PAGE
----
In December 2019, two groups of young people from primary schools across Cambridgeshire made a very special behind-the-scenes visit to the Fitzwilliam Museum. The visit gave them a taster of  what goes into making an exhibition, and the opportunity to install their very own artworks in the INSPIRE exhibition.

The groups selected were young artists who had their artworks selected for exhibition alongside the Renaissance painting of Cupid and Psyche by Jacopo del Sellaio: Year 4 and 5 from the Brilliant Makers Club at Morley Memorial Primary School, Cambridge with their teacher Maya Dalby, who created individual magical 3D bows and arrows, and the Fitzy Peters, a group of Year 5 pupils from St Peters C of E Junior School, Wisbech, Cambridgeshire, with their teacher Natalie Bailey and head teacher Amy Harvey, who collectively made a denim dress (on display in the armoury) based on Psyche’s resilience throughout the story in the painting.

Young people explore the Fitzwilliam on a private tour

The daylong session started with a tour of the museum, in which the young people were asked to identify different ways things had been displayed and why. Then it was time for the group to get their hands dirty. They visited the Octagon Gallery where their work was in the process of being unwrapped and installed by technicians Charis and Jamie.

Meeting technician Charis as she mounts their work for the exhibition

Whilst behind the scenes, the group came up with some brilliant ideas on how to display artworks, and were tasked with answering some of the difficult decisions we would have to make about space, design and colour.  They also supported the technicians to fill in condition reports of their artworks, including taking measurements and photos. This demonstrated best practice to the young artists on what happens to all other loaned artworks that come in and out of our collection for a temporary exhibition.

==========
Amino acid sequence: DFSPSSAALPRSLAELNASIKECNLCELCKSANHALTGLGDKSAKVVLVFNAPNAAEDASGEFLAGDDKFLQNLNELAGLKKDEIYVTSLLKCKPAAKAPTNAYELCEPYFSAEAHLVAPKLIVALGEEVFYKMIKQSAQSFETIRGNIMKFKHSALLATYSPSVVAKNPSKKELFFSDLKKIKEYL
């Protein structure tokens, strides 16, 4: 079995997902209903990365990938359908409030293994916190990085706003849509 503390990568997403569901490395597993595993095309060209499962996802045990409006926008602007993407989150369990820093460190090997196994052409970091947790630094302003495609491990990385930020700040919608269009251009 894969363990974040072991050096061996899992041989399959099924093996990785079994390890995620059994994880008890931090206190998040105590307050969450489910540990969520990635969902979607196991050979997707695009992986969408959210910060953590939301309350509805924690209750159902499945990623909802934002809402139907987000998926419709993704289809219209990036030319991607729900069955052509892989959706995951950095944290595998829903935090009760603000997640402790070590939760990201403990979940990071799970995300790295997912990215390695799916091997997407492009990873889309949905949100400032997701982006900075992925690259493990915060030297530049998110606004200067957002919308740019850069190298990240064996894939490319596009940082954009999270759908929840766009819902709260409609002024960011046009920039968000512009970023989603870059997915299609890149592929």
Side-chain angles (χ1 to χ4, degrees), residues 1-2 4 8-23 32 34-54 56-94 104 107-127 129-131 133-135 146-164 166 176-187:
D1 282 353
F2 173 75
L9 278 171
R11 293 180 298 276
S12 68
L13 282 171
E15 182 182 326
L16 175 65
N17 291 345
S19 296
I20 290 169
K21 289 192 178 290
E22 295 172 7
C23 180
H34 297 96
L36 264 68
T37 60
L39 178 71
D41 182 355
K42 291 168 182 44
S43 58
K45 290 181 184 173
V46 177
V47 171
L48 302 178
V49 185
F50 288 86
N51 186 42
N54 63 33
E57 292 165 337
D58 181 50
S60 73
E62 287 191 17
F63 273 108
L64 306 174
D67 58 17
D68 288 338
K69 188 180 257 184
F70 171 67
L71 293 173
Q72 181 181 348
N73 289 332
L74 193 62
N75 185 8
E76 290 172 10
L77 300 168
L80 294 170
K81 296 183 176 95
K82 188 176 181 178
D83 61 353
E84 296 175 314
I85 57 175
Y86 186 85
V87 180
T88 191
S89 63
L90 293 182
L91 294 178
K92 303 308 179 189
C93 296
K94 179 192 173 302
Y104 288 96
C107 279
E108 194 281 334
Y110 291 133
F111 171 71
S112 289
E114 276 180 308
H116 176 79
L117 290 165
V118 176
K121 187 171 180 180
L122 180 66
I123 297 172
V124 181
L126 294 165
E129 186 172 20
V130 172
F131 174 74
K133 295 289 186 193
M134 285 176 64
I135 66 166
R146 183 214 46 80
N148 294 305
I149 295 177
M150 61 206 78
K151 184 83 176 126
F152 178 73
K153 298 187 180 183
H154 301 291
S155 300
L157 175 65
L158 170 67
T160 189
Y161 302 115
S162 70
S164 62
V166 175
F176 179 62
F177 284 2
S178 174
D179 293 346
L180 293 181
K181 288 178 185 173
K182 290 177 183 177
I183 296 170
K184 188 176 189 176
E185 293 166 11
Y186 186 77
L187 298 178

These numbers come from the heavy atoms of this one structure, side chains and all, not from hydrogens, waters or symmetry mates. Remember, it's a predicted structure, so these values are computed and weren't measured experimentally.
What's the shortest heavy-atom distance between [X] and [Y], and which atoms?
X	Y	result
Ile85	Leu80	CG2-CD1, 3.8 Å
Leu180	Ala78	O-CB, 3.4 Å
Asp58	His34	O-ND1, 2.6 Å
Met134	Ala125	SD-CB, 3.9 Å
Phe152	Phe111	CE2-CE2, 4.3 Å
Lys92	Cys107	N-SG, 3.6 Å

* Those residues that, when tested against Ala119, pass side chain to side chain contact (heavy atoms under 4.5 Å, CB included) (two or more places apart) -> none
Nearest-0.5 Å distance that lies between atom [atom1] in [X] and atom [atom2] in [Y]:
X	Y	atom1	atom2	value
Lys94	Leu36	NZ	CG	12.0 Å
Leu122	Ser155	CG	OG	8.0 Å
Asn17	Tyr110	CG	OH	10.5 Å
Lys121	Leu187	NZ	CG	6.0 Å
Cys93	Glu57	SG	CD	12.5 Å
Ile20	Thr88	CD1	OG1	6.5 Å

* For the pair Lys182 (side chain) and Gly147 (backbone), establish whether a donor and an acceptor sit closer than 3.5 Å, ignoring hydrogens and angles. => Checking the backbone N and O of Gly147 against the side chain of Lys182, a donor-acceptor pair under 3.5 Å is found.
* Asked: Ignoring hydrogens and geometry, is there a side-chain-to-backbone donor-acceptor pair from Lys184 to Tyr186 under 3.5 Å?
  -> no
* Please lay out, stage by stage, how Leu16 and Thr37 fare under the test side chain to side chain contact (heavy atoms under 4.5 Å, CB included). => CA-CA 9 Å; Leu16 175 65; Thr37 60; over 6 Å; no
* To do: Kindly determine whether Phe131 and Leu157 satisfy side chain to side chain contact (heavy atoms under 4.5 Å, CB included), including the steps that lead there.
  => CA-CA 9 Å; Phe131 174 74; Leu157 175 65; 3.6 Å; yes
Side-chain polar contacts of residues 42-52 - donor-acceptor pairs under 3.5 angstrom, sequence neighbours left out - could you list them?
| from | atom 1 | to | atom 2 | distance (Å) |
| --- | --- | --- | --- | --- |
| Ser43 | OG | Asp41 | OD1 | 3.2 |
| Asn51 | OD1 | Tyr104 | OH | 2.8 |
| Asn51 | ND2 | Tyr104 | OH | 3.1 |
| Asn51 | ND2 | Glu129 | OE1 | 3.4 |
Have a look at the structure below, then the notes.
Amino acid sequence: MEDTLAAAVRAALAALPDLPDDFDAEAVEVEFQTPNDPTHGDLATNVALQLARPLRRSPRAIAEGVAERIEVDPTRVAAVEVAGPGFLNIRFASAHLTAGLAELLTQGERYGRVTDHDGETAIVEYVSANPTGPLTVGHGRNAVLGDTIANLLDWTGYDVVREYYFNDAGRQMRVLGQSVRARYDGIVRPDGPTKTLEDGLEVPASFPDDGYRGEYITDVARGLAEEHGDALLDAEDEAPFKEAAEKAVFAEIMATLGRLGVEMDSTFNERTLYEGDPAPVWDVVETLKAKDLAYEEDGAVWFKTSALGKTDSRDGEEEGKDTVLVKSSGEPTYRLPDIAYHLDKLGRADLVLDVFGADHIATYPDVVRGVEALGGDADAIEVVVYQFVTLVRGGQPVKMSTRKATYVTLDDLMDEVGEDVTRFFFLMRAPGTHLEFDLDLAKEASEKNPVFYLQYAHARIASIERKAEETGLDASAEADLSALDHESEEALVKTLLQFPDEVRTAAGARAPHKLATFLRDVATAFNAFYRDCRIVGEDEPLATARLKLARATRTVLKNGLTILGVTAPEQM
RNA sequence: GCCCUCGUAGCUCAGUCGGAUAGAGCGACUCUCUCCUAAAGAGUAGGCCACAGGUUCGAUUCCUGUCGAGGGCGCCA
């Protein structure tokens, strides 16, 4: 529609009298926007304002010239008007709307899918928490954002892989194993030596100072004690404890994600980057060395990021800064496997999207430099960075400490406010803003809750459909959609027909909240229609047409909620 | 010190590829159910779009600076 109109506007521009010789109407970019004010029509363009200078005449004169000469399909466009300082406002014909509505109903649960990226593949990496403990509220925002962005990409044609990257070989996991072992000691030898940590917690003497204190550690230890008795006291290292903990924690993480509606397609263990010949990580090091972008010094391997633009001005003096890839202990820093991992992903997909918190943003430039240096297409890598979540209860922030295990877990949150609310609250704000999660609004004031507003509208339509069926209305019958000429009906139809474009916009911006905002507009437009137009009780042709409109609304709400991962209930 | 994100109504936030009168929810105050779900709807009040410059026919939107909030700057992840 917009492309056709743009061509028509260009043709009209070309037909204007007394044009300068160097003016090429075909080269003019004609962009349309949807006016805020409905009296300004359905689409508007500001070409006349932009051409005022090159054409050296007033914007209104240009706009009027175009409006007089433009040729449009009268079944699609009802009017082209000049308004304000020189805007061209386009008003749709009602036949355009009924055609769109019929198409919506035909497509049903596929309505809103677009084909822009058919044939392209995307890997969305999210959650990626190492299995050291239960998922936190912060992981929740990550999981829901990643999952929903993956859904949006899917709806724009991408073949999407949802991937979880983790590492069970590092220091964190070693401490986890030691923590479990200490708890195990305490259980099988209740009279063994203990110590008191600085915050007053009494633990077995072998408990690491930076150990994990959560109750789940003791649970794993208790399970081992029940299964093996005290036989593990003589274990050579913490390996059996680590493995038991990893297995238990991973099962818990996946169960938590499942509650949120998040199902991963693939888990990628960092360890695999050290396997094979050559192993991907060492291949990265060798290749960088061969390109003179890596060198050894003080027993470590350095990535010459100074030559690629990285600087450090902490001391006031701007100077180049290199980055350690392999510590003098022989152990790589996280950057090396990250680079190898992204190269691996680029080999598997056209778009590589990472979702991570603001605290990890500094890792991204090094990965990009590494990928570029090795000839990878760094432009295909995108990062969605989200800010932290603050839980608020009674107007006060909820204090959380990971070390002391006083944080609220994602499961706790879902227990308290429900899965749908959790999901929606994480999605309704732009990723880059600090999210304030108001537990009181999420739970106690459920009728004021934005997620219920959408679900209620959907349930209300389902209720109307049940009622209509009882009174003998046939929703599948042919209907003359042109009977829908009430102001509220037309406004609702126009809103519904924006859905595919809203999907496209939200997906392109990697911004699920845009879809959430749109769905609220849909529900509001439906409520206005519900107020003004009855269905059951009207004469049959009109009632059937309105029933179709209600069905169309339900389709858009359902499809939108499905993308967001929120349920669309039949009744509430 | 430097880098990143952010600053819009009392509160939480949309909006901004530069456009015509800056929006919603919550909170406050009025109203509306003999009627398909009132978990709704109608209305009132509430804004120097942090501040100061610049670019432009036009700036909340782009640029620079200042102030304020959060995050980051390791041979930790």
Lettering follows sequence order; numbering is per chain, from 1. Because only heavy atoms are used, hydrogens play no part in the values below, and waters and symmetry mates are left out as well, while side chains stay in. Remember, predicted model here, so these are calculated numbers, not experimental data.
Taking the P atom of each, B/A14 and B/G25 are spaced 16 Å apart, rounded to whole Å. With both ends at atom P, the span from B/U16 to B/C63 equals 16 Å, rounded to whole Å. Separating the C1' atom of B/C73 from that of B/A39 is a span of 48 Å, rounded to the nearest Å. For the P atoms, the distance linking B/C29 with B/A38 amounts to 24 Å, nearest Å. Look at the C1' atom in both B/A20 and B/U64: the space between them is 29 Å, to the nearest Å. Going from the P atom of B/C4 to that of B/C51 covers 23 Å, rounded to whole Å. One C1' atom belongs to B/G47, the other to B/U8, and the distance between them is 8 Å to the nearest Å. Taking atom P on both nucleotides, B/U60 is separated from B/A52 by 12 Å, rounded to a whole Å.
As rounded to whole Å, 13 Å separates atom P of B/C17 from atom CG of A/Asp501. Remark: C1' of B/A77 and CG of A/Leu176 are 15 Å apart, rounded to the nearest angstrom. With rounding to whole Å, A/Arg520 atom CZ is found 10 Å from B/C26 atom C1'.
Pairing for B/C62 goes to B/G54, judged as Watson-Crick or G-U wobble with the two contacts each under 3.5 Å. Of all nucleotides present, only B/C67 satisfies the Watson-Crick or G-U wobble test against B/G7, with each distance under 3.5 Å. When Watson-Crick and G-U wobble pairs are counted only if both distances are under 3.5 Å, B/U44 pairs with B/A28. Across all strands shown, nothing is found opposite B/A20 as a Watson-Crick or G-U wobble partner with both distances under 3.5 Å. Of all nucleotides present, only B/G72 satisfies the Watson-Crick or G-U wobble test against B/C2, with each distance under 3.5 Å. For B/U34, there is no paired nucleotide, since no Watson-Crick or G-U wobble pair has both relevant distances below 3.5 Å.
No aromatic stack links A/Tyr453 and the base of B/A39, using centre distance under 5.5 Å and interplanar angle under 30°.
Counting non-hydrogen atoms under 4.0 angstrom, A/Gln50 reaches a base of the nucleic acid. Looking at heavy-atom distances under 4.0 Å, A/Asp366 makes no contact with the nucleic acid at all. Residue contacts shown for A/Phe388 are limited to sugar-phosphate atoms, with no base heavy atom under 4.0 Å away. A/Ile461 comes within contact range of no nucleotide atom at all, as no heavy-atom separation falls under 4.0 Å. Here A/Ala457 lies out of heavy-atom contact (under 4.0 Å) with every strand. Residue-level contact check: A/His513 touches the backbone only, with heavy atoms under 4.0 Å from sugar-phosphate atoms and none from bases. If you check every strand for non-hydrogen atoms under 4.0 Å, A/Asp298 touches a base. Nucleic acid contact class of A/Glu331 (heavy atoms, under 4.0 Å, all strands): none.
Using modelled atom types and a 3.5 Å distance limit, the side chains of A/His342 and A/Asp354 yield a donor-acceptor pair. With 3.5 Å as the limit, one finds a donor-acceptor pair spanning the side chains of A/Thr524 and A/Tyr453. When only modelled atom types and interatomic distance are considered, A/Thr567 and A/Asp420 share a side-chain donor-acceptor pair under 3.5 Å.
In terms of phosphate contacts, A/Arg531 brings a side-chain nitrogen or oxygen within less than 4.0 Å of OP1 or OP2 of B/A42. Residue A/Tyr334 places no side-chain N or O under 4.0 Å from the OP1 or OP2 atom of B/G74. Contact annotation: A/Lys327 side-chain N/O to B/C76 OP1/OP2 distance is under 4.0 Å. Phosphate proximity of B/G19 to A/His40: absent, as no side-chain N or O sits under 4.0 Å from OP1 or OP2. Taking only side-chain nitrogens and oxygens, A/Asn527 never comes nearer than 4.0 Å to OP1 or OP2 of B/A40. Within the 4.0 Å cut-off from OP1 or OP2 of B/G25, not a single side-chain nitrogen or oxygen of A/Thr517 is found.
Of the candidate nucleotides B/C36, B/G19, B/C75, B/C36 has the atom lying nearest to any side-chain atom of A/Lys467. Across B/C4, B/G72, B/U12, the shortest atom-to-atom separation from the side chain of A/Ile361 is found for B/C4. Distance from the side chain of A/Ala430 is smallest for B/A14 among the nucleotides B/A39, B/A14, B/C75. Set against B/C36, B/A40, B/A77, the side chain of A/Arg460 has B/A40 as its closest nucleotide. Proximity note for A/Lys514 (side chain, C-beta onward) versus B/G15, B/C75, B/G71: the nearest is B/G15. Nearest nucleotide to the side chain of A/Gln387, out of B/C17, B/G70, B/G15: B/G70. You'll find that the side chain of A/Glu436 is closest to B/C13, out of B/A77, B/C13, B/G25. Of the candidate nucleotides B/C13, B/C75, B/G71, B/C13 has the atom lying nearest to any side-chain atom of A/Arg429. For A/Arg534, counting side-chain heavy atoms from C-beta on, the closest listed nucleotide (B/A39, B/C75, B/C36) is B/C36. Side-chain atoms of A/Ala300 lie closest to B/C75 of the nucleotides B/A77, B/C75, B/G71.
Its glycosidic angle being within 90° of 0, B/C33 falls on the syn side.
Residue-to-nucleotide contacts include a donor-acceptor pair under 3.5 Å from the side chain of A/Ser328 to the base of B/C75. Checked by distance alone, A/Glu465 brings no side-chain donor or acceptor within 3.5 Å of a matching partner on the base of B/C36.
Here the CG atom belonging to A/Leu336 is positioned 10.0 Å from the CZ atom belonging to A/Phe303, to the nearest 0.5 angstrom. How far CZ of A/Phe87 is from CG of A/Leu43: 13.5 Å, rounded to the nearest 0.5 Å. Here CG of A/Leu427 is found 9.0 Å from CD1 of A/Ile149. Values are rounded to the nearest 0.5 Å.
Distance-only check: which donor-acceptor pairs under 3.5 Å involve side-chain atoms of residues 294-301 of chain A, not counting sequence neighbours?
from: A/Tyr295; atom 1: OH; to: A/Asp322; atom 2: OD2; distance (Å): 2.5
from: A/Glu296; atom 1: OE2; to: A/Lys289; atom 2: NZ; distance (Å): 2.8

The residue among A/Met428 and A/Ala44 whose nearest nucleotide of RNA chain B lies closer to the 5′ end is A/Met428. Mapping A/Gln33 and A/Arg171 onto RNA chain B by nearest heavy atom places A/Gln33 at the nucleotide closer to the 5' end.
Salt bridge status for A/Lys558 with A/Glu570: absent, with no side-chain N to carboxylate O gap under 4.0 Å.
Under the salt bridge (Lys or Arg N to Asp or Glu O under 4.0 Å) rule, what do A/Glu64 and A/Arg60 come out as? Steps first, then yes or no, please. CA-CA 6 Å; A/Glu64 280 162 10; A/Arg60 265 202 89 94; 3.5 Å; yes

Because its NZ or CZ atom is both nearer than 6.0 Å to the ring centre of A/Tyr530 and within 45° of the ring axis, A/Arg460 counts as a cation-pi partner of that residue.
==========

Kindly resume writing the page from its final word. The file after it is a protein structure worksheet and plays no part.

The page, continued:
The young people and their teachers completed condition reports of their artworks before installation

After refreshments, the groups then wrote example text labels for their artworks, using the museums template. They soon realised how tricky it could be to summarise a project, an artwork and all vital information in a limited number of words, but did a great job!

Following this, the group were set a creative challenge, to design and make example cards and badges inspired by the painting by Jacopo del Sellaio. These would (and did) get used as examples for families taking part in the drop-in activities available at the private view of the exhibition on the following Saturday.

The young people working on their example cards for the private view

After trying their hands at installation, design, conservation and engagement, the day ended with the group drafting some social media posts ready to publicise and market the exhibition to audiences. They tried to think why people should come and see their artworks over all other things they like doing out of school in their free time.

A draft social media post by one of the young people to publicise the exhibition

The group’s ideas and imagination kept us on our toes and inspired us to think more creatively in the exhibition to make it accessible for all.

To find out more and view a selection of the works online, visit the Fitzwilliam Museum website